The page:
Spring has definitely arrived here in the Pacific Northwest--the trees are blooming, leaves are starting to appear, and high temperatures are consistently in the 50s. However, with spring comes bouts of heavy rain which continue the feel of winter well into June.
The jet stream is on its way north and with it, lots of moisture. Here's the water vapor satellite image from this morning:
|Fig 1 -- GOES-W WV satellite image at 17Z, March 29, 2011. From the HOOT website.|
|Fig 2 -- 250mb winds (colors) and geopotential height (contours) at 12Z, March 29, 2011. From the HOOT website.|
How much rainfall are we looking at? Here is this morning's 24-hour rainfall forecast for the end of the day on Wednesday from the 12km UW WRF model.
|Fig 3 -- Previous 24-hours of rainfall at 00Z, Thursday, March 31, 2011. From the UW Modeling page.|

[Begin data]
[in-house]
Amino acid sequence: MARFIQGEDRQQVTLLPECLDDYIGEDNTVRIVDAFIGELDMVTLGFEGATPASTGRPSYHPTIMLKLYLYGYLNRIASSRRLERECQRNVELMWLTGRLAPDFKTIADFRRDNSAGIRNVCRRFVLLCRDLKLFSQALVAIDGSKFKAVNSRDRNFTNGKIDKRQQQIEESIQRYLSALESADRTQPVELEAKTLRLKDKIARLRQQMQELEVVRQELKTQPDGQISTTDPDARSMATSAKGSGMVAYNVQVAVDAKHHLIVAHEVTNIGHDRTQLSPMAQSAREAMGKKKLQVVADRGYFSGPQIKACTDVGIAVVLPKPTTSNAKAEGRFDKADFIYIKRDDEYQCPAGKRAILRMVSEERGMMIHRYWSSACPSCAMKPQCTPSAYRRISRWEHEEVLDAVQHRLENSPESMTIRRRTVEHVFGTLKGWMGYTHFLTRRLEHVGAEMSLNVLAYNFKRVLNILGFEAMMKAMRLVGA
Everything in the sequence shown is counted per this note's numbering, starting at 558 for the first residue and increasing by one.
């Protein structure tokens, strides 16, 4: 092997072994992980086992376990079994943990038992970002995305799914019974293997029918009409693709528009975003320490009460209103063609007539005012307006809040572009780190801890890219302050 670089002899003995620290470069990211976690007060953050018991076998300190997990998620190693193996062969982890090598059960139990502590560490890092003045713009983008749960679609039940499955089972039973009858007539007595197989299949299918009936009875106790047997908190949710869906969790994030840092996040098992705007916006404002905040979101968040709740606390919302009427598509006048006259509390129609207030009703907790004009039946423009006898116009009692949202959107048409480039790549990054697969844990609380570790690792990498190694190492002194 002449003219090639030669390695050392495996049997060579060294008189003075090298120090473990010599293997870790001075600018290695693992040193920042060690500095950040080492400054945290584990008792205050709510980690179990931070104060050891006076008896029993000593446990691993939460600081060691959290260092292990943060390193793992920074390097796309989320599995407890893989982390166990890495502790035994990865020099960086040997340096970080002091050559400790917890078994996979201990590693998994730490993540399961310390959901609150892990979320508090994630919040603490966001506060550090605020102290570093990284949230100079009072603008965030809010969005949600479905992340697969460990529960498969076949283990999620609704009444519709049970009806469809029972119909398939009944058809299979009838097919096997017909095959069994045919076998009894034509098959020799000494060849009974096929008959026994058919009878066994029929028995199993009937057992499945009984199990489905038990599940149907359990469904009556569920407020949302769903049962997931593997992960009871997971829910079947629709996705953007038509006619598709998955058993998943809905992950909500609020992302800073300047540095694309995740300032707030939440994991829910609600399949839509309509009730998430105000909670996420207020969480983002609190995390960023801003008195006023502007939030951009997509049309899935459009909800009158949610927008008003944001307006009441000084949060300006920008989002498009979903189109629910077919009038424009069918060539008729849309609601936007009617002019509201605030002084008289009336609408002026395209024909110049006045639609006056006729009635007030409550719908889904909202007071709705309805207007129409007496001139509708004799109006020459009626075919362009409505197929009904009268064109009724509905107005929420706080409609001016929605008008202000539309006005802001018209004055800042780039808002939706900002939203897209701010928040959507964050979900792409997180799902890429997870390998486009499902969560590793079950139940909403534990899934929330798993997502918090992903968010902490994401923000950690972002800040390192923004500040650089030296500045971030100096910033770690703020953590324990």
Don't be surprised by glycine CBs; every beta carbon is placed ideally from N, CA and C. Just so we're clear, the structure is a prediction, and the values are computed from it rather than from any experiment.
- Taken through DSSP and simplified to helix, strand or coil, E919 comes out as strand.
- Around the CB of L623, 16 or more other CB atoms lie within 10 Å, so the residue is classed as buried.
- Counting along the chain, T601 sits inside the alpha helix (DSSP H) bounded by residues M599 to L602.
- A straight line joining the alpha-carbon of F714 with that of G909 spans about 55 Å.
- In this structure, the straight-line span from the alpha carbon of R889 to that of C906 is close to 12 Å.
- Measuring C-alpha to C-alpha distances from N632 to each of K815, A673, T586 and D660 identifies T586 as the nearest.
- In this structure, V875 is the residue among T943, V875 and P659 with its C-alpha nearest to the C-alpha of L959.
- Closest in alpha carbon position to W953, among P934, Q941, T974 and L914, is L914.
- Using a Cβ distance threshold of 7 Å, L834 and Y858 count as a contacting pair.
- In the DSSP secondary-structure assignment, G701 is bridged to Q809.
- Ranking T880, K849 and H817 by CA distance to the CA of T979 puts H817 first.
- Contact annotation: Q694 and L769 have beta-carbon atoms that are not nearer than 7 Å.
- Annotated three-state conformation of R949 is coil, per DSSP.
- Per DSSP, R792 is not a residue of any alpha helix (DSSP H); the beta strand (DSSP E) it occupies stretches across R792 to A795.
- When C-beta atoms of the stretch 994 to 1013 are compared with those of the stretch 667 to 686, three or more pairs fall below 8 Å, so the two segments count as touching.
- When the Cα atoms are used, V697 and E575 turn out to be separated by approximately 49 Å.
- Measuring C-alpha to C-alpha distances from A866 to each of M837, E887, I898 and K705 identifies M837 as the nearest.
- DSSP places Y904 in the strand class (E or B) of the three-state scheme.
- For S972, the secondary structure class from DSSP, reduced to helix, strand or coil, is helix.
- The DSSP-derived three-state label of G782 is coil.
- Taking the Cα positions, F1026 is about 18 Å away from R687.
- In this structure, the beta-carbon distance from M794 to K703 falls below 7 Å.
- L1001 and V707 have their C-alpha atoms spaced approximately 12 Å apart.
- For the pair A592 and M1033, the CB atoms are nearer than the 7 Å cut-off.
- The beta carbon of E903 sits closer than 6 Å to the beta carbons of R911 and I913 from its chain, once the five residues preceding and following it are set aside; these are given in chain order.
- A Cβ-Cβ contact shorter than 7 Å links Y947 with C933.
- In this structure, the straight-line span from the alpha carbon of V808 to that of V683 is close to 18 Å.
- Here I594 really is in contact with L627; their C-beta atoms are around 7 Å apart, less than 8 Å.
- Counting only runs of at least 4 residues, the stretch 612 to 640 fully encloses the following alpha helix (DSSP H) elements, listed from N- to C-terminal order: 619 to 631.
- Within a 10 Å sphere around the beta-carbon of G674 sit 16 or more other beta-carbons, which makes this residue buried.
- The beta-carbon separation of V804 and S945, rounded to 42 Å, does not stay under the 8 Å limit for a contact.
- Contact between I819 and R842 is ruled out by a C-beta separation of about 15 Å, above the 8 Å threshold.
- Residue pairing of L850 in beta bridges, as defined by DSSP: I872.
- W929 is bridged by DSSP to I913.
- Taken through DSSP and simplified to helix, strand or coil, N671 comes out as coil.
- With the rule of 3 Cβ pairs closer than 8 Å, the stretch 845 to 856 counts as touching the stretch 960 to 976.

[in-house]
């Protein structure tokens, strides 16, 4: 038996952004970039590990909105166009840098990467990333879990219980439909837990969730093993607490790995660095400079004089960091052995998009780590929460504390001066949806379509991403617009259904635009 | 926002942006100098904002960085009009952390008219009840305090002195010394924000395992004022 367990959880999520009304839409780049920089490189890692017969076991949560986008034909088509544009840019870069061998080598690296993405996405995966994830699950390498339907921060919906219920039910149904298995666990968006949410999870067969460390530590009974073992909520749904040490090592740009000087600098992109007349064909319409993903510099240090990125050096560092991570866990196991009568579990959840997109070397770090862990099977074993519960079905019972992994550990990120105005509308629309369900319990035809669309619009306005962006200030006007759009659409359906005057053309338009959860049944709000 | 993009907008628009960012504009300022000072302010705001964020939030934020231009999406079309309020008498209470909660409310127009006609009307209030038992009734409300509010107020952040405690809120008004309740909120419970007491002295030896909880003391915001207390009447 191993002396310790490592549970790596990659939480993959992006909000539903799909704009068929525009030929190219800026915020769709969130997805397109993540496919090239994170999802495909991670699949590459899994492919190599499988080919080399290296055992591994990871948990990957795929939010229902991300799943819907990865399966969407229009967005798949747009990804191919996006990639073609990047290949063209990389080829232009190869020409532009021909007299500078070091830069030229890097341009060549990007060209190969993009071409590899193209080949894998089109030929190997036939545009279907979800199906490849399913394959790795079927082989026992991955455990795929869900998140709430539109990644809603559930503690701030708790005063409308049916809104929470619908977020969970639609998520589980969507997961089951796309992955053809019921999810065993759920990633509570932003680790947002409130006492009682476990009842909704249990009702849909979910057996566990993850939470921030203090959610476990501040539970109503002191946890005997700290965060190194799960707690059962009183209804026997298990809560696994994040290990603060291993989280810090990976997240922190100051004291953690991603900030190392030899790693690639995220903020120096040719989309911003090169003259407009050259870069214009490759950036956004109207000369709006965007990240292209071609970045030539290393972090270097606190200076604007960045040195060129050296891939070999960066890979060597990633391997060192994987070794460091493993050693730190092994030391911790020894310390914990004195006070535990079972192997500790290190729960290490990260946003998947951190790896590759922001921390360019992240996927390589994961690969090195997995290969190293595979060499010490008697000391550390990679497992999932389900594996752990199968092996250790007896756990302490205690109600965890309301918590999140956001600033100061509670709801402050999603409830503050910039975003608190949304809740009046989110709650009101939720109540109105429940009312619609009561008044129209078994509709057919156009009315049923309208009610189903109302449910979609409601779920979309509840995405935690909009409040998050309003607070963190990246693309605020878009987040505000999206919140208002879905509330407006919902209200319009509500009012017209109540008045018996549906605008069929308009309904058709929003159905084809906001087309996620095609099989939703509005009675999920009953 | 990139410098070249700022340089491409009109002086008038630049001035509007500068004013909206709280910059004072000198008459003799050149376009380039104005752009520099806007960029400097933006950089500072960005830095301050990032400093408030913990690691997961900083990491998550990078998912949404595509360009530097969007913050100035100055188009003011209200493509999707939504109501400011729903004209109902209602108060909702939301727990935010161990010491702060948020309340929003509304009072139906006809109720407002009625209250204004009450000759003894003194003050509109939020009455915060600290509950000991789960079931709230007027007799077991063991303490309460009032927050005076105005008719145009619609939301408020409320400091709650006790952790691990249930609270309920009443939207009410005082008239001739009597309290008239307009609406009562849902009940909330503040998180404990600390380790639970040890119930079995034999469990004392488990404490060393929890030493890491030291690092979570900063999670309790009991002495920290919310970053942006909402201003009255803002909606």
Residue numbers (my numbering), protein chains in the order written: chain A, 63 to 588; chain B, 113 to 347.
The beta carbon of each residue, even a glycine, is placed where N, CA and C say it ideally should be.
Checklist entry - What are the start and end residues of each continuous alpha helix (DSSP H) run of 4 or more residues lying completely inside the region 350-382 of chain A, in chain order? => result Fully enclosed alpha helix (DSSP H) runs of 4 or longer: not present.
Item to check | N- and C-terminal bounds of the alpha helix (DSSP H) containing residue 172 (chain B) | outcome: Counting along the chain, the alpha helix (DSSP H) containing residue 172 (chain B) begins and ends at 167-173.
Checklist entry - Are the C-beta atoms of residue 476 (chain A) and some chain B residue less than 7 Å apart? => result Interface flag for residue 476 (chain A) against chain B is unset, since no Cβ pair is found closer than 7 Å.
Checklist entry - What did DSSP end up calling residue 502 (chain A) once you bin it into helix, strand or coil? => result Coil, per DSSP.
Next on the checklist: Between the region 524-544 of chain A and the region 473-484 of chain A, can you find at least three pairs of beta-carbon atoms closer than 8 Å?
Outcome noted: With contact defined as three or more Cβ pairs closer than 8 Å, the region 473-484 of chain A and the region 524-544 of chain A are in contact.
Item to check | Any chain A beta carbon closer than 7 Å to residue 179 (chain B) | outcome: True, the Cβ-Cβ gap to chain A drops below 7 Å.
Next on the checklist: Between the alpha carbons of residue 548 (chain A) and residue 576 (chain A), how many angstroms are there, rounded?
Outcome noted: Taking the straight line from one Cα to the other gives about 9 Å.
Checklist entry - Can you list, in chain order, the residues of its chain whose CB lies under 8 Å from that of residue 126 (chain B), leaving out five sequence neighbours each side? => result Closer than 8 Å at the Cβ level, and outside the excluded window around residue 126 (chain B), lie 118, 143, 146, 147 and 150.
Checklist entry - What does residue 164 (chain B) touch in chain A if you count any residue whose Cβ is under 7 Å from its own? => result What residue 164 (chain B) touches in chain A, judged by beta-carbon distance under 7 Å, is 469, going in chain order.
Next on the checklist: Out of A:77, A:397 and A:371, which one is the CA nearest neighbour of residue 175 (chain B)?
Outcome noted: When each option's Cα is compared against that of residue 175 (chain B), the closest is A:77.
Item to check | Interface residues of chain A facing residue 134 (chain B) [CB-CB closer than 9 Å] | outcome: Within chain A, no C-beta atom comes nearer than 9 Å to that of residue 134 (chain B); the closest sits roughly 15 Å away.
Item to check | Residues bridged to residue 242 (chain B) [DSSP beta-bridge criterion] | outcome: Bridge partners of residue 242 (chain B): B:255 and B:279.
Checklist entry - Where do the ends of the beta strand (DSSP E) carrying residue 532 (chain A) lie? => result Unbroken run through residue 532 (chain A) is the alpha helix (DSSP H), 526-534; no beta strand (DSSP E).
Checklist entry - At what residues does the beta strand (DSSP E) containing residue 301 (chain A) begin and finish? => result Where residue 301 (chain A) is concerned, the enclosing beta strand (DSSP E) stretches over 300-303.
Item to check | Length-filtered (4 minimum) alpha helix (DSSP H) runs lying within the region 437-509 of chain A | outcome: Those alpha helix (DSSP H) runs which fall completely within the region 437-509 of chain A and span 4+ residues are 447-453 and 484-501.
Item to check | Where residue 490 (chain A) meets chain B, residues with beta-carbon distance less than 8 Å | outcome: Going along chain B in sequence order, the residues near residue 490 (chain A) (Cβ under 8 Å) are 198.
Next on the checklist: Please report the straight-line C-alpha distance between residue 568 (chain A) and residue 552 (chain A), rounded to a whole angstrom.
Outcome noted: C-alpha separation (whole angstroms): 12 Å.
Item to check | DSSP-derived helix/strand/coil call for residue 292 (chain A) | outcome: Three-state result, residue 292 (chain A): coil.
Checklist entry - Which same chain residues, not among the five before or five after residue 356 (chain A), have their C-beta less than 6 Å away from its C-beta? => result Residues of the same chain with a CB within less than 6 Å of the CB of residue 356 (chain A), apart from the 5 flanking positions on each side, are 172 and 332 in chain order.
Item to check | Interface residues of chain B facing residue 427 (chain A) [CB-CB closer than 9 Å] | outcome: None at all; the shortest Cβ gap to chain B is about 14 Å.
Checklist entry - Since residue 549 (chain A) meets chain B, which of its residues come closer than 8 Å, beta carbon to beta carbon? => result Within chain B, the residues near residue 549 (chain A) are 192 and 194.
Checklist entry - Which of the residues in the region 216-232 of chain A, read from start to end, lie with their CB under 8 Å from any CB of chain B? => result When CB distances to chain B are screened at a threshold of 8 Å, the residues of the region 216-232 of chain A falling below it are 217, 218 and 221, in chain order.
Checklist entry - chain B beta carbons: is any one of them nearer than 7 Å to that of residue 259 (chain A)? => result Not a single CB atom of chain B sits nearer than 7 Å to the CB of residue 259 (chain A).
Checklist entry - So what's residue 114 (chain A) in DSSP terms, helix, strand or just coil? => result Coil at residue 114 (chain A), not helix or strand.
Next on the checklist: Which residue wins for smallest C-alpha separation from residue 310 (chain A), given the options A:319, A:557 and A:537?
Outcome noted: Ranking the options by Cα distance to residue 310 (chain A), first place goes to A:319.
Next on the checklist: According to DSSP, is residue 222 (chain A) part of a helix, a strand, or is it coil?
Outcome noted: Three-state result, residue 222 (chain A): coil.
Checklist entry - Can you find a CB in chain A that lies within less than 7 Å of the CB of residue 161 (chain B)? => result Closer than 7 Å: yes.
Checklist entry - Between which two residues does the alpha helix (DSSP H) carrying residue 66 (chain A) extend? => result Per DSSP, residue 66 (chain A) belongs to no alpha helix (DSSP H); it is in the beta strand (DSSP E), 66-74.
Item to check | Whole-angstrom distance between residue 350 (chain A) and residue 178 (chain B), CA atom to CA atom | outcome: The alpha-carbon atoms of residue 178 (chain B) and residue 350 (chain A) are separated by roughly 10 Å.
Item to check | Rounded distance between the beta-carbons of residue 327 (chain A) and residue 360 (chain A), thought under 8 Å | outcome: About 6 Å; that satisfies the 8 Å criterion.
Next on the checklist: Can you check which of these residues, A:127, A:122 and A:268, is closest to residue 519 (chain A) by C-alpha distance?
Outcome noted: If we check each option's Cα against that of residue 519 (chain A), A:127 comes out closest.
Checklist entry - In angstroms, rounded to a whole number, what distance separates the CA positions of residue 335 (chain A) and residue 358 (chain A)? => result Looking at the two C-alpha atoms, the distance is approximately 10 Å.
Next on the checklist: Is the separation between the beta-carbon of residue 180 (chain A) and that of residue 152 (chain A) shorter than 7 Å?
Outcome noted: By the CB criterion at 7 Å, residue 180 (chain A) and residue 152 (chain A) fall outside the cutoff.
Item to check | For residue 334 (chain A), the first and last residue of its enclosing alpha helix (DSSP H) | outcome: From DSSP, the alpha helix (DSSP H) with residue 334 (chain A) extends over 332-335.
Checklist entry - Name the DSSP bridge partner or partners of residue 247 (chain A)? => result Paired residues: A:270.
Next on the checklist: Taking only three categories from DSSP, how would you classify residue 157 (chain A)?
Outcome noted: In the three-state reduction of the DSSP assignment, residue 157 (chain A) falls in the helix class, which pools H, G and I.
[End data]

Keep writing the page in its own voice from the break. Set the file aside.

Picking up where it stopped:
|Fig 4 -- Previous 24-hours of rainfall at 00Z, Friday, April 1, 2011. From the UW Modeling page.|
Such extended rainfall events being forecast often raises the specter of flooding in the mountain rivers. The Northwest River Forecast Center (NWRFC) runs many hydrologic models using the input from atmospheric models (like the ones we've been looking at) to try and predict how much water will enter each river basin. They can use this information to try and forecast river height. Here's a chart from the NWRFC showing the observed and predicted levels of the Snoqualmie River near the city of Snoqualmie east of Seattle.
|Fig 5 -- Observed (blue line), model forecast (green line) and extended trend (cyan line) of river stage level for the Snoqualmie River near Snoqualmie, WA. From the NWRFC.|
It's going to be a wet week in Seattle.